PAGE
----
Yes, Your New Car Has A 'Black Box.' Where's The Off Switch? : All Tech Considered Most newer cars have recorders that collect data at the moment of a crash and preserve key information. The data is meant to improve safety, but it's also useful in court. The federal government now wants to make the recorders mandatory on all new cars, but privacy advocates say people should have the option of turning their cars' recorders off.
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Yes, Your New Car Has A 'Black Box.' Where's The Off Switch?

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Yes, Your New Car Has A 'Black Box.' Where's The Off Switch?

Yes, Your New Car Has A 'Black Box.' Where's The Off Switch?

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This is ALL THINGS CONSIDERED from NPR News. I'm Melissa Block.


And I'm Robert Siegel. If you're driving right now, keep your eyes on the road, but consider this. If you were to crash during this next story, you might not remember all the details of how it happened, but there's a good chance that your car would remember. Automotive black boxes, little data recorders, are now built into more than 90 percent of new cars. And as NPR's Martin Kaste reports, the government is considering making them mandatory.

MARTIN KASTE, BYLINE: Dave Wells is a detective with the sheriff's office in Seattle and he specializes in accident reconstruction. That means he's often crouched under steering wheels, looking for the place to plug in.

DAVID WELLS: Down here, on the lower - I guess by the right knee area of the lower dash is a black cover panel.

KASTE: Behind that panel is the connector that mechanics use to get diagnostic codes. But Wells is using a different kind of tool and it pulls out a very different kind of information. He reads a sampling off his laptop.

WELLS: In the first 10 milliseconds they're up to a half-mile-per-hour acceleration. Halfway through the event, really, they're at 4.4, give or take, and then at the end it's 6.3, right there at the end.

KASTE: This is crash data, moment-by-moment statistics saved from the car's most recent collision. There's speed, acceleration, braking, even information from inside the car.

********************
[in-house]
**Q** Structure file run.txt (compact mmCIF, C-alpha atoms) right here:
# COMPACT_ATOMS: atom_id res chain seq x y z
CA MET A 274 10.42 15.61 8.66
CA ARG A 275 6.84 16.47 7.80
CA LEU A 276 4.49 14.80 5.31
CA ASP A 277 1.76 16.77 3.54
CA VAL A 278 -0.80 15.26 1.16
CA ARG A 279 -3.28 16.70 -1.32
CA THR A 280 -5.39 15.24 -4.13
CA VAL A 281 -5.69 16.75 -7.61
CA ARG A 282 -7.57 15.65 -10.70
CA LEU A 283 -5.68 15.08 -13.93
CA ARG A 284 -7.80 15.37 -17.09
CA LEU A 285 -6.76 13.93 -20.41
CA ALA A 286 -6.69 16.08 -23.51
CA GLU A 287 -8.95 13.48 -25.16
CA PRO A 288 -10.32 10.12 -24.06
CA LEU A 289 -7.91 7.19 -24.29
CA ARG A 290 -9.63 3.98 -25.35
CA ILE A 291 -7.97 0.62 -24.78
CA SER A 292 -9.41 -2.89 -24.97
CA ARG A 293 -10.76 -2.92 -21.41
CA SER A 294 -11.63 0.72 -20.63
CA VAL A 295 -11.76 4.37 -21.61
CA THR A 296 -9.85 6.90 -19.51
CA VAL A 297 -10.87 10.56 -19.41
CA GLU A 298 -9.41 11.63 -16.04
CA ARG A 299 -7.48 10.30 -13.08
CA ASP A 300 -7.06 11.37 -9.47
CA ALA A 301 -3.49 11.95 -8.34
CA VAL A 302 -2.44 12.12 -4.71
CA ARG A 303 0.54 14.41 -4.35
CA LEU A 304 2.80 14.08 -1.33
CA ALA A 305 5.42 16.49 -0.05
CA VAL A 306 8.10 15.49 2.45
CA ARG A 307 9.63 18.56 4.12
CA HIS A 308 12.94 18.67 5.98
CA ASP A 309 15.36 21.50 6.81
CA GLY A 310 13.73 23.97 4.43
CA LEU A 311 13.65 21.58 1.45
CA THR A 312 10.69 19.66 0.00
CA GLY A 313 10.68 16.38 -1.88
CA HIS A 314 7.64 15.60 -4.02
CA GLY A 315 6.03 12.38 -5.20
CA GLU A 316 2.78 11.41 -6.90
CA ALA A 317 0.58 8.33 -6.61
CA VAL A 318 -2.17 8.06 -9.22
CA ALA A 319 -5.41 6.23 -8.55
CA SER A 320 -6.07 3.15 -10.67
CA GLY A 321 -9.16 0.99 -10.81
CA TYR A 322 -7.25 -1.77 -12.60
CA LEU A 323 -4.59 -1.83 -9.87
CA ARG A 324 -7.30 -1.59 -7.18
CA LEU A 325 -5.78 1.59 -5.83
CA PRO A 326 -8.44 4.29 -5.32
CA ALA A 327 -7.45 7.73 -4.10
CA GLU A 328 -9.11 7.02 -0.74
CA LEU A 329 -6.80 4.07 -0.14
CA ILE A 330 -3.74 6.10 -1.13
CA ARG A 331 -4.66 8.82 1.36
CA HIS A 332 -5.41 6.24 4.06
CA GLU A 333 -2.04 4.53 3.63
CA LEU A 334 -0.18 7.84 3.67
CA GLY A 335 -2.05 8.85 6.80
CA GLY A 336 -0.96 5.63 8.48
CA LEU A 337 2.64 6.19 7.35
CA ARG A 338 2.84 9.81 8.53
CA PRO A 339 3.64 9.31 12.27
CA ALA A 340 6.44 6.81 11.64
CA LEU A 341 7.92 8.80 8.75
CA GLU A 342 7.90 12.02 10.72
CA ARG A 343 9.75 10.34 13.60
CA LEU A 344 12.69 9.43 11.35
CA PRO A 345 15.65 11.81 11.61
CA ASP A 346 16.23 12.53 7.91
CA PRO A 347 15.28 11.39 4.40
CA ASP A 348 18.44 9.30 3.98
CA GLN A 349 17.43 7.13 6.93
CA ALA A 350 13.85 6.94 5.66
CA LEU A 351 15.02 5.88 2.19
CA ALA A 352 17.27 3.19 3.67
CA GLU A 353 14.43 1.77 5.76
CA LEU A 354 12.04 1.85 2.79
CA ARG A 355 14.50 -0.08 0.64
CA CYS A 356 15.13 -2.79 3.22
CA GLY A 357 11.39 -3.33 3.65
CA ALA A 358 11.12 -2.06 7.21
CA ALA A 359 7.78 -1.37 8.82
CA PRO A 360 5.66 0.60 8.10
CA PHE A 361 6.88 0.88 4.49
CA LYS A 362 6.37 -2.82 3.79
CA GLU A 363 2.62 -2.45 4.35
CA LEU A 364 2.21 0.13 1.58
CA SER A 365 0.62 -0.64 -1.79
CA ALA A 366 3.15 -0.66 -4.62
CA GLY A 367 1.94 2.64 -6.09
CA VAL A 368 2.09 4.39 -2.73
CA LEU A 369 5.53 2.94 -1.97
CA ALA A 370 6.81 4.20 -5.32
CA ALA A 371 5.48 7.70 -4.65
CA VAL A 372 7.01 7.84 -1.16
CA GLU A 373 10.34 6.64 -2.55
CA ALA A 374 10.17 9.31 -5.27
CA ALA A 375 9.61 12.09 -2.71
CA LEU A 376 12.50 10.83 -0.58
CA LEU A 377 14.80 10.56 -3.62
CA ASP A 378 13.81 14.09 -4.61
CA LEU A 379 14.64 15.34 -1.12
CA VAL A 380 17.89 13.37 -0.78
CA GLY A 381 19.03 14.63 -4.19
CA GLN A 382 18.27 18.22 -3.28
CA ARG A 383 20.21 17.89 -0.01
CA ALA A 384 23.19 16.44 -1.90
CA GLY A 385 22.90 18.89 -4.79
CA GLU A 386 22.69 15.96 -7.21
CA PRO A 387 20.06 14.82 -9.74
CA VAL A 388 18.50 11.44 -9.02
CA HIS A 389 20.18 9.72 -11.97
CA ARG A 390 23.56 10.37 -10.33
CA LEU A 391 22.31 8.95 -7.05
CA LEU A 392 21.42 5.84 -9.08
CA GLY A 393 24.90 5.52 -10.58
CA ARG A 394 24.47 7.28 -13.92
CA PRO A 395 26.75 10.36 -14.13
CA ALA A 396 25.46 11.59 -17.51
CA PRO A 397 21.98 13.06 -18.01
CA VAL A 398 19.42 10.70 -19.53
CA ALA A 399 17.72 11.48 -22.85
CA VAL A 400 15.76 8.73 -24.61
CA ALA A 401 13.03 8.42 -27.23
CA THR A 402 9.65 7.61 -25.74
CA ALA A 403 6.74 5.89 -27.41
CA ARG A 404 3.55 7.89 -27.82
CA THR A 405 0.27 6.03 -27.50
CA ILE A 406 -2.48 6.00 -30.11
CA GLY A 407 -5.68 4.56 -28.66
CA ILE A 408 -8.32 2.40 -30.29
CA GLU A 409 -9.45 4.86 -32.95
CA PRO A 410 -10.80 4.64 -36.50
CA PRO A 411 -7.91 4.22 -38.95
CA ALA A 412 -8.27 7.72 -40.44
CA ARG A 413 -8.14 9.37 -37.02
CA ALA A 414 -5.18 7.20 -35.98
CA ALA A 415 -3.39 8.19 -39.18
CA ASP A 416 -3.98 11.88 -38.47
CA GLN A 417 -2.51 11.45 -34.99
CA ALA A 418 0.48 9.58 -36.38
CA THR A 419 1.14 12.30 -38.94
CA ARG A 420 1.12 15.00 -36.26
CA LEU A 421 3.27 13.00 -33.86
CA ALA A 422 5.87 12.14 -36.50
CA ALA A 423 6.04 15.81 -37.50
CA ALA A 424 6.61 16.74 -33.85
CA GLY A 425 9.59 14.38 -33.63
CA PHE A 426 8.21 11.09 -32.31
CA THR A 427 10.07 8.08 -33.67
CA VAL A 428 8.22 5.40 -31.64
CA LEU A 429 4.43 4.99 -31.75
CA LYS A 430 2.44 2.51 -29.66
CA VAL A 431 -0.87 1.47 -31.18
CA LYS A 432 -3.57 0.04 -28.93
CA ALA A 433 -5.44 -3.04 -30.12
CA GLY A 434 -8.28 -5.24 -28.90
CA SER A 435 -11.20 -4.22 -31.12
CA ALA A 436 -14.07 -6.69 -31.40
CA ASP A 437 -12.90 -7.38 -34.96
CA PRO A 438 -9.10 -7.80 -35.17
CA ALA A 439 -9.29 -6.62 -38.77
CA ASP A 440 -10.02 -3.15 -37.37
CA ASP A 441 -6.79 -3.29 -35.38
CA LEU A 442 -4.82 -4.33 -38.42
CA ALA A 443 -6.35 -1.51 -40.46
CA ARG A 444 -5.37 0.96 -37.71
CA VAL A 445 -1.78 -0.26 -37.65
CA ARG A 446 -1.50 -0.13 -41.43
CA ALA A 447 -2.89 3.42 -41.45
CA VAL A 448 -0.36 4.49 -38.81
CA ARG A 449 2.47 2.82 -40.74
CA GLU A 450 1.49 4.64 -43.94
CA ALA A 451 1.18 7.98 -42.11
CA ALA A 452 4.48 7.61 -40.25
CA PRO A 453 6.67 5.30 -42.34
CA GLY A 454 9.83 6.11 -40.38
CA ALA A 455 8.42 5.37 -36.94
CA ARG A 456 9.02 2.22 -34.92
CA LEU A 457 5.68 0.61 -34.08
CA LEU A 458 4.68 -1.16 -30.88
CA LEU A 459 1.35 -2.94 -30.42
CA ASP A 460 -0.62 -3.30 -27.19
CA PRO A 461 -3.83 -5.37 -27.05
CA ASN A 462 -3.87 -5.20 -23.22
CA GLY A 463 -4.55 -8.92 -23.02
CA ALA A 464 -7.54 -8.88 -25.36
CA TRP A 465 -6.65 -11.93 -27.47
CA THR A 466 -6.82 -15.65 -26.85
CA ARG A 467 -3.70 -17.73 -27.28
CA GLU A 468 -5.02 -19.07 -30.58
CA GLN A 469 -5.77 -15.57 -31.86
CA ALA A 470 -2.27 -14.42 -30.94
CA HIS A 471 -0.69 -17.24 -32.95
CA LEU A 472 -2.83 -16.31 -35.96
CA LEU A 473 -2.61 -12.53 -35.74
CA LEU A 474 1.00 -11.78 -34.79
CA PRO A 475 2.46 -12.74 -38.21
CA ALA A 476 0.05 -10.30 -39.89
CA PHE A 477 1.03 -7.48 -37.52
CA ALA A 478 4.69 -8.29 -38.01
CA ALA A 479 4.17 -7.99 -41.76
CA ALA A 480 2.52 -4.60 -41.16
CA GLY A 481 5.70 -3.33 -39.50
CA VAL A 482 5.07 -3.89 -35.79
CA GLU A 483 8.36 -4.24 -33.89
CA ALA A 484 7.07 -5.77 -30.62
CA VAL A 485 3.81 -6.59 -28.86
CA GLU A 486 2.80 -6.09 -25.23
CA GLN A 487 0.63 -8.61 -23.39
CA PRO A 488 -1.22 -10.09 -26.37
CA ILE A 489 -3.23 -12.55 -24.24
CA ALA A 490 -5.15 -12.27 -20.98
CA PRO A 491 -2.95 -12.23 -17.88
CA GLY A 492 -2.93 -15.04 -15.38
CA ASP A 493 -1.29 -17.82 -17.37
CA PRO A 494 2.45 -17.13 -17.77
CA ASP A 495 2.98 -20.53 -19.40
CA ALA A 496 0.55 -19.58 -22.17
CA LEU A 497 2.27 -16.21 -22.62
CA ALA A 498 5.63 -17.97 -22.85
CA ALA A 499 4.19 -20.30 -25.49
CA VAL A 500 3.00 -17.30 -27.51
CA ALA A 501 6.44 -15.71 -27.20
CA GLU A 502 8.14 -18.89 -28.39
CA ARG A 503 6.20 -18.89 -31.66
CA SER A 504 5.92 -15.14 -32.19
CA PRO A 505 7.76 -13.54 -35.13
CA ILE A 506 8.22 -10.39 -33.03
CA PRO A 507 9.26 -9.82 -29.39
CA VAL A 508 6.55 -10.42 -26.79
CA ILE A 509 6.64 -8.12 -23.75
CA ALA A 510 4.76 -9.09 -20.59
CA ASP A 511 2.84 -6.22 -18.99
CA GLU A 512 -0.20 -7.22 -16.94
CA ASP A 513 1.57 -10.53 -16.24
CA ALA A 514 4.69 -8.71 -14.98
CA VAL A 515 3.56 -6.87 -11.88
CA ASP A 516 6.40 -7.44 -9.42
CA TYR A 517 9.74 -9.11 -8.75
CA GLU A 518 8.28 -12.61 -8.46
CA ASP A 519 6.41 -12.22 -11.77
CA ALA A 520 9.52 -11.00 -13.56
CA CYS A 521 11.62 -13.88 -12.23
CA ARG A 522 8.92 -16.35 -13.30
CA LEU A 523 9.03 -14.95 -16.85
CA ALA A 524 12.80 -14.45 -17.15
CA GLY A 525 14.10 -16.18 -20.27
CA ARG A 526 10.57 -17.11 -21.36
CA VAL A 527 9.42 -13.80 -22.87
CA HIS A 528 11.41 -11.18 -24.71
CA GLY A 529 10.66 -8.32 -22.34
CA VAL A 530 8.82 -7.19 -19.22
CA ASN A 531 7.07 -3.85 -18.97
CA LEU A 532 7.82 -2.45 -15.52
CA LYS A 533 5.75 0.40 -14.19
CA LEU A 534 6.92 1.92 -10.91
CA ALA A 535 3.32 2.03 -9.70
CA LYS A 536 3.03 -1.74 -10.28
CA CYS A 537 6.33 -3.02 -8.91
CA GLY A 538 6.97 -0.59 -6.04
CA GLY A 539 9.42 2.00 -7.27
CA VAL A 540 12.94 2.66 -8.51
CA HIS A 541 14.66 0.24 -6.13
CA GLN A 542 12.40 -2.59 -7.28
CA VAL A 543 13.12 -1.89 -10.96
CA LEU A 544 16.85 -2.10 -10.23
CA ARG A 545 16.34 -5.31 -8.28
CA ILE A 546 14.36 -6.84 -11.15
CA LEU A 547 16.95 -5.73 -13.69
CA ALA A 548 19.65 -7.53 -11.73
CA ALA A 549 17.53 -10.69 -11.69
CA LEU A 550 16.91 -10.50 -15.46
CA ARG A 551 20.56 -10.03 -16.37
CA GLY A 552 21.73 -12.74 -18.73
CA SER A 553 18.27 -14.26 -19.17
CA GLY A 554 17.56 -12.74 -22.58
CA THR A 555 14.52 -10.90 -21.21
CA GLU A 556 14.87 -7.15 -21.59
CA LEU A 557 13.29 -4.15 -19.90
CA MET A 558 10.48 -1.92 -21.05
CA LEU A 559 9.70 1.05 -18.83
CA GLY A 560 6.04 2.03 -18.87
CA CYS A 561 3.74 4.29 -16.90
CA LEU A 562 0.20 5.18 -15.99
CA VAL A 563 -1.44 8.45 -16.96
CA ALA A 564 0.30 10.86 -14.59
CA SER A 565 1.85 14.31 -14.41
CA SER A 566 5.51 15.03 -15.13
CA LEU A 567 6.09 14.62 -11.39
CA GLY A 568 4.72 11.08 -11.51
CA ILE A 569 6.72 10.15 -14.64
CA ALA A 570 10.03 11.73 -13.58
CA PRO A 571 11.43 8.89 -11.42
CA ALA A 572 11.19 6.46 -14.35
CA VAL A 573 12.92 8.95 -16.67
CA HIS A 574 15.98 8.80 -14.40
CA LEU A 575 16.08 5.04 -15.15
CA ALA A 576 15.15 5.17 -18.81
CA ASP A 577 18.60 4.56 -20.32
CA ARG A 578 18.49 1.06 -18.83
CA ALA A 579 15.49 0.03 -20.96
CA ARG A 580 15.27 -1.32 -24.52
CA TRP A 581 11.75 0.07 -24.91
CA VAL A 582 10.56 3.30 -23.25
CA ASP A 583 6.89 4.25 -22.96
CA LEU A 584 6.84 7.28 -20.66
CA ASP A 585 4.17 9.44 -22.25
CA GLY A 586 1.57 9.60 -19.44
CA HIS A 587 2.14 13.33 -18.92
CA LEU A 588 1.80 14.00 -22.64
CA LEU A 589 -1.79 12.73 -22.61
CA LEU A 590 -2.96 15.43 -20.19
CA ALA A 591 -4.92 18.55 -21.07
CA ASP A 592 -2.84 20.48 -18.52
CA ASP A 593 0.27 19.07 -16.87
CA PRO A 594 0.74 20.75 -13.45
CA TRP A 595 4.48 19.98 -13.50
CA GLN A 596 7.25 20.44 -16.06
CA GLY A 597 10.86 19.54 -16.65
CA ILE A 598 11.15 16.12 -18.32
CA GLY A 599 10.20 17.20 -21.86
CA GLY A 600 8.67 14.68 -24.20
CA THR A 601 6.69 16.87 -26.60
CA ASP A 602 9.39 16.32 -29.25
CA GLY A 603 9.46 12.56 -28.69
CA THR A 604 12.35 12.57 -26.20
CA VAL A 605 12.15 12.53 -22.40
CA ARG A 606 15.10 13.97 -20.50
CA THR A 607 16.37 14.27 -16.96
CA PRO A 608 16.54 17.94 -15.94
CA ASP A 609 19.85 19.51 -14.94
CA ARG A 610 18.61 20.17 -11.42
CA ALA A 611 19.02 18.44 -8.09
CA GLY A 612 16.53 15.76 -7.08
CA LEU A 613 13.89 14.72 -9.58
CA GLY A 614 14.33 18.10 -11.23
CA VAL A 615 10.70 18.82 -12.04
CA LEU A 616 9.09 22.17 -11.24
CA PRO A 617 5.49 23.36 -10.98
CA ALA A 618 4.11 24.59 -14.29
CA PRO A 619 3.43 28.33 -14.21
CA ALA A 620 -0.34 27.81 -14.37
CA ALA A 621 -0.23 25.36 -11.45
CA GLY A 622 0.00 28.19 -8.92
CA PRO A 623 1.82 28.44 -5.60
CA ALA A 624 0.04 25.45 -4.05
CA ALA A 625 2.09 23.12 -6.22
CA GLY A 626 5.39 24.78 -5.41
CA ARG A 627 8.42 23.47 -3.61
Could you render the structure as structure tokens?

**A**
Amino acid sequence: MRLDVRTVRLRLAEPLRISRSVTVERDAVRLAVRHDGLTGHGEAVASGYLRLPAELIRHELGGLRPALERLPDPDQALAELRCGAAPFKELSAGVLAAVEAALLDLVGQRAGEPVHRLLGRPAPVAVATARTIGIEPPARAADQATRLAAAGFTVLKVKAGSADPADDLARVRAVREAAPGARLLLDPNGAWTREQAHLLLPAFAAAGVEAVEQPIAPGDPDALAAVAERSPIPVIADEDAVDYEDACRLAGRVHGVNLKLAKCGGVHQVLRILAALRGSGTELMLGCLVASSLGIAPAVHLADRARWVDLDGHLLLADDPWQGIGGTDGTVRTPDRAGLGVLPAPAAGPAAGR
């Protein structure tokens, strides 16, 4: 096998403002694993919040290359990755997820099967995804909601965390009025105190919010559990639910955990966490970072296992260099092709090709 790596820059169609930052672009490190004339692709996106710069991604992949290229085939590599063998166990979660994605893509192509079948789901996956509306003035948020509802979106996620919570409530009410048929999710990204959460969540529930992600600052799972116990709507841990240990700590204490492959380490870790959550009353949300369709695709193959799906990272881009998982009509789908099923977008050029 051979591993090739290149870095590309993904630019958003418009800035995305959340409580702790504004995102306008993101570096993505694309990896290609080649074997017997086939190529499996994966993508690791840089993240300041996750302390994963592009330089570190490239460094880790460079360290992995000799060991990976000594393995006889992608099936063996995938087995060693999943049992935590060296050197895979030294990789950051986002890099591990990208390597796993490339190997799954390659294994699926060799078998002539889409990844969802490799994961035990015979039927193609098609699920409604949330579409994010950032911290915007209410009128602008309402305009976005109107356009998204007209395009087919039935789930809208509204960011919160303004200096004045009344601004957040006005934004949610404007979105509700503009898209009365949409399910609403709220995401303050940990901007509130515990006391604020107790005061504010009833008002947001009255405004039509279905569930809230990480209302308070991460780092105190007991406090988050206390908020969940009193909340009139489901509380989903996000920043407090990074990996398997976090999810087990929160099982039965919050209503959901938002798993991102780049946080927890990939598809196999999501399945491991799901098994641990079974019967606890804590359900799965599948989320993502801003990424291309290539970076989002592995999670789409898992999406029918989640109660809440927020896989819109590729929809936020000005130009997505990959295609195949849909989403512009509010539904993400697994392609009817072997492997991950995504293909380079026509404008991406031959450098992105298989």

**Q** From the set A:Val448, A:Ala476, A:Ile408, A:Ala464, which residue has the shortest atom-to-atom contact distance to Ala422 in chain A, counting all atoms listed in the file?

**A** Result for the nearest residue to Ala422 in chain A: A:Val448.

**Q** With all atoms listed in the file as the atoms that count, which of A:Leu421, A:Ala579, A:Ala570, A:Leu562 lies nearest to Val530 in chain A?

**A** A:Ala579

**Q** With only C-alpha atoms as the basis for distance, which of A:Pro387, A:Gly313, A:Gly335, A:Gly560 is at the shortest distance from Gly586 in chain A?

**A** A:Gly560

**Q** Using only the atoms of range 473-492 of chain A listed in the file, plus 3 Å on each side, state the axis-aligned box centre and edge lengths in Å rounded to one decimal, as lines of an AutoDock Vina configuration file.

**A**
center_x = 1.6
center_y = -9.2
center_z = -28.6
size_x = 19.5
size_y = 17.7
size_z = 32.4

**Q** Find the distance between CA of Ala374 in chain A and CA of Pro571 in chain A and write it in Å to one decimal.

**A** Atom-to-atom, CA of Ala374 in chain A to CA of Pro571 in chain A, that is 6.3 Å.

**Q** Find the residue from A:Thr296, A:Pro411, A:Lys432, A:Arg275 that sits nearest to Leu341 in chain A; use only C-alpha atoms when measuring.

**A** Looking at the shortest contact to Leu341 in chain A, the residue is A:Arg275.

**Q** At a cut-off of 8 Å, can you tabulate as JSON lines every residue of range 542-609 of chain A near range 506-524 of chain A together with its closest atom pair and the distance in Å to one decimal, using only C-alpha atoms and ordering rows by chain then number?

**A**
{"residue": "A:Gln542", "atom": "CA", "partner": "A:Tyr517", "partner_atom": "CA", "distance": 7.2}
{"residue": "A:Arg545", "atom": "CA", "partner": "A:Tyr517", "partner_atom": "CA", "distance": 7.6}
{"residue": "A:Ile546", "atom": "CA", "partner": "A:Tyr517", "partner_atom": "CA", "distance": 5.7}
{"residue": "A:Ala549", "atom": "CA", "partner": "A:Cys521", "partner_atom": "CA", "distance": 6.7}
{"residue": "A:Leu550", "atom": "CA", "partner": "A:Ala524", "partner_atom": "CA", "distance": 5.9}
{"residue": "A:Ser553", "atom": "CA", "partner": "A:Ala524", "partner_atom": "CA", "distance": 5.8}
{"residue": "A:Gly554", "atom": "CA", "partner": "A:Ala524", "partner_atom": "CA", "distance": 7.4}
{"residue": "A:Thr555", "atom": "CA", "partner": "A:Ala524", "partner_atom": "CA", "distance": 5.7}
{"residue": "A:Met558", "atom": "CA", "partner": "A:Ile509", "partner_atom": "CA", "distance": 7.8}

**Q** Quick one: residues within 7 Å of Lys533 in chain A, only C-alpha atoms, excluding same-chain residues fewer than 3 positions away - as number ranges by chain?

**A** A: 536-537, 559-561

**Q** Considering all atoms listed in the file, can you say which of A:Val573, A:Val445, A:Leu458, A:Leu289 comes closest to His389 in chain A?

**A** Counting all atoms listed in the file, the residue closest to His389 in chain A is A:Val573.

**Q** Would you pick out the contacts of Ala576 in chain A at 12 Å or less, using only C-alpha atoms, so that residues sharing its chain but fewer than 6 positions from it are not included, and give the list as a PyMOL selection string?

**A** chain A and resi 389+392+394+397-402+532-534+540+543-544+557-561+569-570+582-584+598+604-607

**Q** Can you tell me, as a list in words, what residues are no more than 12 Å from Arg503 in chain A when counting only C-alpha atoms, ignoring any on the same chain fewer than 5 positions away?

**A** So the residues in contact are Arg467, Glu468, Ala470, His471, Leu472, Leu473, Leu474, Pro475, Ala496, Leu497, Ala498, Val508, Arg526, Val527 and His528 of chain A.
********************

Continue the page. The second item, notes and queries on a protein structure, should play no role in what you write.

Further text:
WELLS: There are sensors under your seat, so if someone tried to say there was another person in the car at a crash who had run away, this shows at the time of that collision there was not.

KASTE: Information comes from something called an event data recorder. The EDR has become key to insurance investigations, lawsuits and even criminal cases. But that wasn't its original purpose.

WELLS: It was never designed for investigative purposes. It was designed for motor vehicle safety and keeping people less injured and alive.

KASTE: EDRs are part of a car's safety system, which has to make split-second decisions on whether to, say, pull the seatbelts tighter or inflate the airbags. And engineers like to see data from real-world crashes to track how the systems are working. So the EDR is there to save the crash data, and as safety systems grow more complex, the recorders keep saving more information.

REPRESENTATIVE MICHAEL CAPUANO: I don't think you'll find very many Americans who know these devices are in their cars.

KASTE: Congressman Michael Capuano of Massachusetts has been trying for eight years now to pass legislation giving drivers the right to opt out.

CAPUANO: I would argue that this is a device that the average person should be able to turn off if they so desire. Obviously, if that were an option, some insurance companies might want to take that into consideration in pricing insurance. I understand that. But nonetheless, I still think that the average person should have that choice.

KASTE: Event data recorders have been around for a while, but the issue is coming again now because NTHSA, the National Highway Traffic Safety Administration, has proposed making the devices mandatory on all new cars, starting next year. That's caught the attention of privacy experts like Nate Cardozo, staff attorney at the Electronic Frontier Foundation.

NATE CARDOZO: The amount of data that they record is vast. And it's not capped and I found that to be quite problematic.

KASTE: Cardozo sees the safety value of the crash data, but he says it's important to set limits, especially as cars' digital storage capacity grows. He also says the feds should clarify who gets the data. Some states restrict what insurance companies can do with EDR information and require police to get a warrant before plugging in. But in much of the country, it's still a gray area.

CARDOZO: They could do something like put a notification in the owner's manual saying that the driver has a reasonable expectation of privacy in that black box data.

KASTE: NHTSA won't discuss its plans because it's in the process of writing the proposed new rule making the recorders mandatory, but in the past, some officials there have suggested that the privacy of crash data is more an issue for Congress. In Seattle, Detective Wells says he doesn't think the saved crash data should scare people.

WELLS: More often than not, the data from this is going to help them in an accident. It's at least going to point out one thing, and that's the facts.

KASTE: Wells says privacy-conscious drivers should worry more about GPS and the built-in services that offer roadside assistance. The difference is, on new cars, those systems will still be an option. Martin Kaste, NPR News.

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